SAN FRANCISCO — The municipal bond market does a poor job providing retail buyers with necessary information, a worse job providing them with continuing disclosure about their investments, and is an awful place to sell those investments.
Those were some of the observations three municipal bond investors provided Tuesday to close out the Securities and Exchange Commission’s first regional field hearing on the municipal market.
The muni market is significantly less fair to investors than other securities markets, said investor Jason Lehman.
“Dealer intermediaries control market access,” he said. “The dealer community is incented to retain control.”
Information about issuers and their debt is hard to obtain and information that is available is needlessly complex, according to Lehman, the founder and chief executive of a quantitative trading company.
“The investor in municipal securities must also confront a dizzying degree of complexity,” he said. “Even I still feel challenged by the task of picking apart a municipal prospectus.”
Another retail investor on the panel, Peter Kuhn, suggested that any bond prospectus include a one- or two-page summary sheet.
Panelist Irv Siminoff, a retired businessman and World War II veteran, echoed Kuhn’s call for simplicity.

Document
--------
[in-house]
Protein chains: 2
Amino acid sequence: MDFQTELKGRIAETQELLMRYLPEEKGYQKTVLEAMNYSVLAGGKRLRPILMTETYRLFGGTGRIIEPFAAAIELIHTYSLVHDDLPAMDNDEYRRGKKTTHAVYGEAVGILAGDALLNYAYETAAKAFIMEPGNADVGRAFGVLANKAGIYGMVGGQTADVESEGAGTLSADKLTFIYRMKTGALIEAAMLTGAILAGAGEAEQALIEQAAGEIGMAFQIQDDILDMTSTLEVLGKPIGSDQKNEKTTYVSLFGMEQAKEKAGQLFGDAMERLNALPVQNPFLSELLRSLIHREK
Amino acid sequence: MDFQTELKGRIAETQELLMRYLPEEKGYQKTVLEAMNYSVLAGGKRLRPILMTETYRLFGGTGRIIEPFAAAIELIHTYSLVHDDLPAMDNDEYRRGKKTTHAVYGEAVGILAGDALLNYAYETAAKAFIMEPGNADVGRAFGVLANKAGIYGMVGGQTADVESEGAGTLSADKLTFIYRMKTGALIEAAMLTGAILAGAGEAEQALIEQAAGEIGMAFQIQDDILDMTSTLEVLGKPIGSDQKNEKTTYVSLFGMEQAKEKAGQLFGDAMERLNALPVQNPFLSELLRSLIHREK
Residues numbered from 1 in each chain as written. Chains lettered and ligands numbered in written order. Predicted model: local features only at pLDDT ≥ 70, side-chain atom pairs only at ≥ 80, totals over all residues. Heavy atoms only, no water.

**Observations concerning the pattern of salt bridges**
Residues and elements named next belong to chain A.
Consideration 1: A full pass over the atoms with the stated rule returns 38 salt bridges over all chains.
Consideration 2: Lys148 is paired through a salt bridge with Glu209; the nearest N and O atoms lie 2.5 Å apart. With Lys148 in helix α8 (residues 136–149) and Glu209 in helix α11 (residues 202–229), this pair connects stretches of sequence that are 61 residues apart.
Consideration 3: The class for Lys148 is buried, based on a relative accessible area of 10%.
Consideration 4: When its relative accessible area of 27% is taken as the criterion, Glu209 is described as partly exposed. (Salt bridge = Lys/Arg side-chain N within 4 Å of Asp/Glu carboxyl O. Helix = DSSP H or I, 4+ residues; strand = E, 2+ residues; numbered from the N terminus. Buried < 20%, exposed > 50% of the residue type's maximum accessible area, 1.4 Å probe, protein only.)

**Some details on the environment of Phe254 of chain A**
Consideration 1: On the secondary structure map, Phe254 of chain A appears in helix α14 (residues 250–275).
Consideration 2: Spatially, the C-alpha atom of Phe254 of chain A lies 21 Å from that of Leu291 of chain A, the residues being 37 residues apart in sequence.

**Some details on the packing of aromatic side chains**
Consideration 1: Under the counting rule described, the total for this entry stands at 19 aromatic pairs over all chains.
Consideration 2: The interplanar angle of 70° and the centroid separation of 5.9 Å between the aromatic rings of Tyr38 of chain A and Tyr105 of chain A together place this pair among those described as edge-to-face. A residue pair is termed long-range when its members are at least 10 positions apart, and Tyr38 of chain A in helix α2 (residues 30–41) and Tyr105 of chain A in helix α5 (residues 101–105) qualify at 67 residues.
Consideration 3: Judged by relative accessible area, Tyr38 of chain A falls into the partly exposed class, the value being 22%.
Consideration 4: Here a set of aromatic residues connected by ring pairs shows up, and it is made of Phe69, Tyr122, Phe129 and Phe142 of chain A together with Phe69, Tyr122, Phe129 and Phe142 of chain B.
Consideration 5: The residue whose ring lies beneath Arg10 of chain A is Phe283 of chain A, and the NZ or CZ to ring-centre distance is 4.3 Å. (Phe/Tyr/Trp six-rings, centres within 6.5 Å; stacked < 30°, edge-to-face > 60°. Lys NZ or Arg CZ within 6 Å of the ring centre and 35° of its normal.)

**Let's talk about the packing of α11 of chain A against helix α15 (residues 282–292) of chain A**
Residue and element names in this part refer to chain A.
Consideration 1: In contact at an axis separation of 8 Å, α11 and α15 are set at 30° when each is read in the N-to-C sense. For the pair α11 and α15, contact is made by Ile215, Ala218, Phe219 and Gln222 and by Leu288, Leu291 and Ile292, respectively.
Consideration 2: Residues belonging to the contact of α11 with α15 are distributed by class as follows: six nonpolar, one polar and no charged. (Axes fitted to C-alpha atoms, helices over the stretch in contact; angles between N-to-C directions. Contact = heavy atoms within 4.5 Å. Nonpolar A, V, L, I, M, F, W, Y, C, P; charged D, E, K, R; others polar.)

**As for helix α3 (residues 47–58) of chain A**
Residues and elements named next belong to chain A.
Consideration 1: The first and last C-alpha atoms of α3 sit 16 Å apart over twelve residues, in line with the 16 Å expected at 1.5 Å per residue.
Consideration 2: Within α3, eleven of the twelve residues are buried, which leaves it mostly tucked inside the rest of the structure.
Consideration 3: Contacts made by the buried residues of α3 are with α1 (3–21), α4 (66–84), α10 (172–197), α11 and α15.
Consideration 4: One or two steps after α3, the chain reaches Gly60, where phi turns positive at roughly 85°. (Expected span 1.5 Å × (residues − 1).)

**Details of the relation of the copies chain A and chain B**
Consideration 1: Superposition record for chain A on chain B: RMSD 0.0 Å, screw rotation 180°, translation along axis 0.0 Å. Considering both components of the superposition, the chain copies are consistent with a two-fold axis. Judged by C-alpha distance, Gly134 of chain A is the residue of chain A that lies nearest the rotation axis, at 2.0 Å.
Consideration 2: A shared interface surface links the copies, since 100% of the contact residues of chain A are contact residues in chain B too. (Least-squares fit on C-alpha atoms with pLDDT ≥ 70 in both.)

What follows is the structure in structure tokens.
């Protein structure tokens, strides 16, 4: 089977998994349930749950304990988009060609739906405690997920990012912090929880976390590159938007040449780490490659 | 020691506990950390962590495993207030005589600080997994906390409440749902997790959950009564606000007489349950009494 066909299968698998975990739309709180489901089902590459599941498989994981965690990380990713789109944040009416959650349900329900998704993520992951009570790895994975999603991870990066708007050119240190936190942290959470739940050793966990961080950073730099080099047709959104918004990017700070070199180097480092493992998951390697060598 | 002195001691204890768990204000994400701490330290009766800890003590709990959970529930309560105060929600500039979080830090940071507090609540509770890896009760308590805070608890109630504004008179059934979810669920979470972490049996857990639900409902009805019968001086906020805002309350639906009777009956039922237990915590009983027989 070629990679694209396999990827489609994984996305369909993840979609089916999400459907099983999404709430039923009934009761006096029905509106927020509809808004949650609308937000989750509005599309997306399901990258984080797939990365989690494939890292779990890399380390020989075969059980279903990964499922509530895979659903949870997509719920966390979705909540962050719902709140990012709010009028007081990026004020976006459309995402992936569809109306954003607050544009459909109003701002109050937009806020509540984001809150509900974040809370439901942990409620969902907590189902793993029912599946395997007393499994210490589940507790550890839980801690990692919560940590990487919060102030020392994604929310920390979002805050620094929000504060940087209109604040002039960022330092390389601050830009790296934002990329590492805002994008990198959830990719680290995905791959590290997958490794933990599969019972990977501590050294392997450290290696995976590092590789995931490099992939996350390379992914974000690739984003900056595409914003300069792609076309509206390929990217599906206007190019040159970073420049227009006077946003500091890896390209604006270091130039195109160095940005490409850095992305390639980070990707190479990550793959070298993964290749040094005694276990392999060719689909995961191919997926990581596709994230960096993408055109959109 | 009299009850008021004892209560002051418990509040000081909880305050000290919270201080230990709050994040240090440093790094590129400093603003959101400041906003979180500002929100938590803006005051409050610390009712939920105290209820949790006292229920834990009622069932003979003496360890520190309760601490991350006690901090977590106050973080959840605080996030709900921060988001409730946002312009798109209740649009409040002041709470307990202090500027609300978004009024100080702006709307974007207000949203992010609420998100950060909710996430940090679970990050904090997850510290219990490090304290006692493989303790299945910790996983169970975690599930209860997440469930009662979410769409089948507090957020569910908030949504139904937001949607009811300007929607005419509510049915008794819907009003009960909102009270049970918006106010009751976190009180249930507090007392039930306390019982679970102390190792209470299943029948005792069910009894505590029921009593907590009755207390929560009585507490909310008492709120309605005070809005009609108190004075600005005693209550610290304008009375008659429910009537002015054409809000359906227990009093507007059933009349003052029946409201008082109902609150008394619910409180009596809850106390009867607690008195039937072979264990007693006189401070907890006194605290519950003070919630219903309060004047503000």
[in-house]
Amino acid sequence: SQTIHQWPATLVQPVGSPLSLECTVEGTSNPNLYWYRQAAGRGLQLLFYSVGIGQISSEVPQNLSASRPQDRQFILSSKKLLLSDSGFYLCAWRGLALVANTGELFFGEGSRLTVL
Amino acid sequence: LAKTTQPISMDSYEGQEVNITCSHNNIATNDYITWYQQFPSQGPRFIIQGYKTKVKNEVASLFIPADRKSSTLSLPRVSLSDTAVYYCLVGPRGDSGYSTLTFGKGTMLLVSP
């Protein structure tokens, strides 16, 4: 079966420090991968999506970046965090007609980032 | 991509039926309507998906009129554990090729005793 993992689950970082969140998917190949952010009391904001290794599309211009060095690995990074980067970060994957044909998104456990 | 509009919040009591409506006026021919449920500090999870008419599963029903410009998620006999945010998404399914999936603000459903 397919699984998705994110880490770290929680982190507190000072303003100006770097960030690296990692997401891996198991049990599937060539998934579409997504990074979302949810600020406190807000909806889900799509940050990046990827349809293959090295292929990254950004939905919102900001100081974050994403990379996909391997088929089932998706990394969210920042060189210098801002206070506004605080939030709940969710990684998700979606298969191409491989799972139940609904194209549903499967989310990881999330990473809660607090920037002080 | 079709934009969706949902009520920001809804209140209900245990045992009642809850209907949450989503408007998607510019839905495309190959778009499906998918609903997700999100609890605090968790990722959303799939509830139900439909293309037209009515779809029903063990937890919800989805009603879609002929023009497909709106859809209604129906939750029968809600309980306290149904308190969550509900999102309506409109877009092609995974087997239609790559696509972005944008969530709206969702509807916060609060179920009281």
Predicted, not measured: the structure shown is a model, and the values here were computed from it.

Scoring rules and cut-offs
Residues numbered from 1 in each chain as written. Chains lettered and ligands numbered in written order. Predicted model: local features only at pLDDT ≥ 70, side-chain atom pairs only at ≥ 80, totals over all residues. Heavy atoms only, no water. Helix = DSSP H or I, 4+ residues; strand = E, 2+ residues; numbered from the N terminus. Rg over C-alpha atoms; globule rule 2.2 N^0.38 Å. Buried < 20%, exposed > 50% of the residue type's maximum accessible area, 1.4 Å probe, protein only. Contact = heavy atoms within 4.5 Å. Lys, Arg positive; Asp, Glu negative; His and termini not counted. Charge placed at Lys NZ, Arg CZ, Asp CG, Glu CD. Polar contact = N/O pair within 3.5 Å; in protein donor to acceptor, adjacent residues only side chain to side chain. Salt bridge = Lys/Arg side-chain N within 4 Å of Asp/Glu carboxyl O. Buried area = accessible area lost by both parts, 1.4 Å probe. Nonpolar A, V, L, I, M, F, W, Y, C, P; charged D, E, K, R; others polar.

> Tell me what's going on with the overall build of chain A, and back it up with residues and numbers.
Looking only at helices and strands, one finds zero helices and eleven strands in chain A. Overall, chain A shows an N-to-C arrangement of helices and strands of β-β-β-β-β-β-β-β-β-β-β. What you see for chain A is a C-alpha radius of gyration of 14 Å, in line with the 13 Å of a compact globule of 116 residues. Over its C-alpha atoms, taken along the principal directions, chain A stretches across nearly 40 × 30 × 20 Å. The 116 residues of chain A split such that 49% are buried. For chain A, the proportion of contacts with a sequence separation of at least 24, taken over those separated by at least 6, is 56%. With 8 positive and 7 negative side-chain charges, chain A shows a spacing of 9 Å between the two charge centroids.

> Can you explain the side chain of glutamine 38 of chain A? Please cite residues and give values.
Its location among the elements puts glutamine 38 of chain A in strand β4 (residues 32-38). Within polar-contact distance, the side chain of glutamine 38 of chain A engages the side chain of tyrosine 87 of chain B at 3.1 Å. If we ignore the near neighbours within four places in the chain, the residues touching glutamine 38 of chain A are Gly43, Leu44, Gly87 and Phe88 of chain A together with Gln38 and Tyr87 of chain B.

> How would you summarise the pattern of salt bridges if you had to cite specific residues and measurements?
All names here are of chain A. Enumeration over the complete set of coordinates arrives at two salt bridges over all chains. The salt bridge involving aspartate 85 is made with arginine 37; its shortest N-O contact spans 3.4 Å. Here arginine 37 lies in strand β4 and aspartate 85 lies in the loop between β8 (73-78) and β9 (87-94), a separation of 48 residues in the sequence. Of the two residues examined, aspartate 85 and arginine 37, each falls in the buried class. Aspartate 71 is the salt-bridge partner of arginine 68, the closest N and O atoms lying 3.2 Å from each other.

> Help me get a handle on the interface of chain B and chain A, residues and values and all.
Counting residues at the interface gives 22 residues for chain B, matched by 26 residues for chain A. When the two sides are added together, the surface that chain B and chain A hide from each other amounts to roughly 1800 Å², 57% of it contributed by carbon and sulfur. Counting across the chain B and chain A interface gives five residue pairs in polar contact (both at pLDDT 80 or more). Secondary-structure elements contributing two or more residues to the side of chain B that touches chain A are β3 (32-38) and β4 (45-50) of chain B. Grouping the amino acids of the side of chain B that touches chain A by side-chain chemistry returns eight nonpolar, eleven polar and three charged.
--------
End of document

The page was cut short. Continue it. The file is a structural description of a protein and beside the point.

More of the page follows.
“A lot of people don’t have the resources, temperament, or time to go through a prospectus,” Siminoff said, seconding Kuhn’s call for a summary tear sheet that follows a standard formula. “The tear sheet should be developed up front by the SEC or someone who can say up front, 'You’ve got to follow this — don’t deviate.’ ”
Kuhn said market changes in the wake of the global financial crisis and the demise of most municipal bond insurers make it much more important for investors to have accurate information about the issuers of their bonds.
“In the post-meltdown environment from 2008 forward, bonds lost their homogeneous character,” he said. “I don’t think I have a good way, as sophisticated an investor as I am, to monitor and track material information.”
Kuhn is the founder and principal of an employee-benefit consulting firm.
Lehman said the worst part of the municipal bond ownership experience is having to sell a bond before maturity. “When a muni investor tries to sell that security, they will suffer a punitively expensive process,” he said.
Lehman believes the municipal market should be able to incorporate a “limit-order” process, in which the owner can make the security visible to the entire market and set a minimum price.
“There are many cases when you don’t need to sell an asset instantaneously,” he said.
SEC commissioner Elisse Walter, who led the hearing, said she had been looking forward to the investor panel more than any other one, and was not disappointed. Walter will lead five other hearings around the country over the coming months.
The SEC plans to follow up with a staff report summarizing what was learned and possible recommendations for regulatory changes, industry best practices, and legislative changes.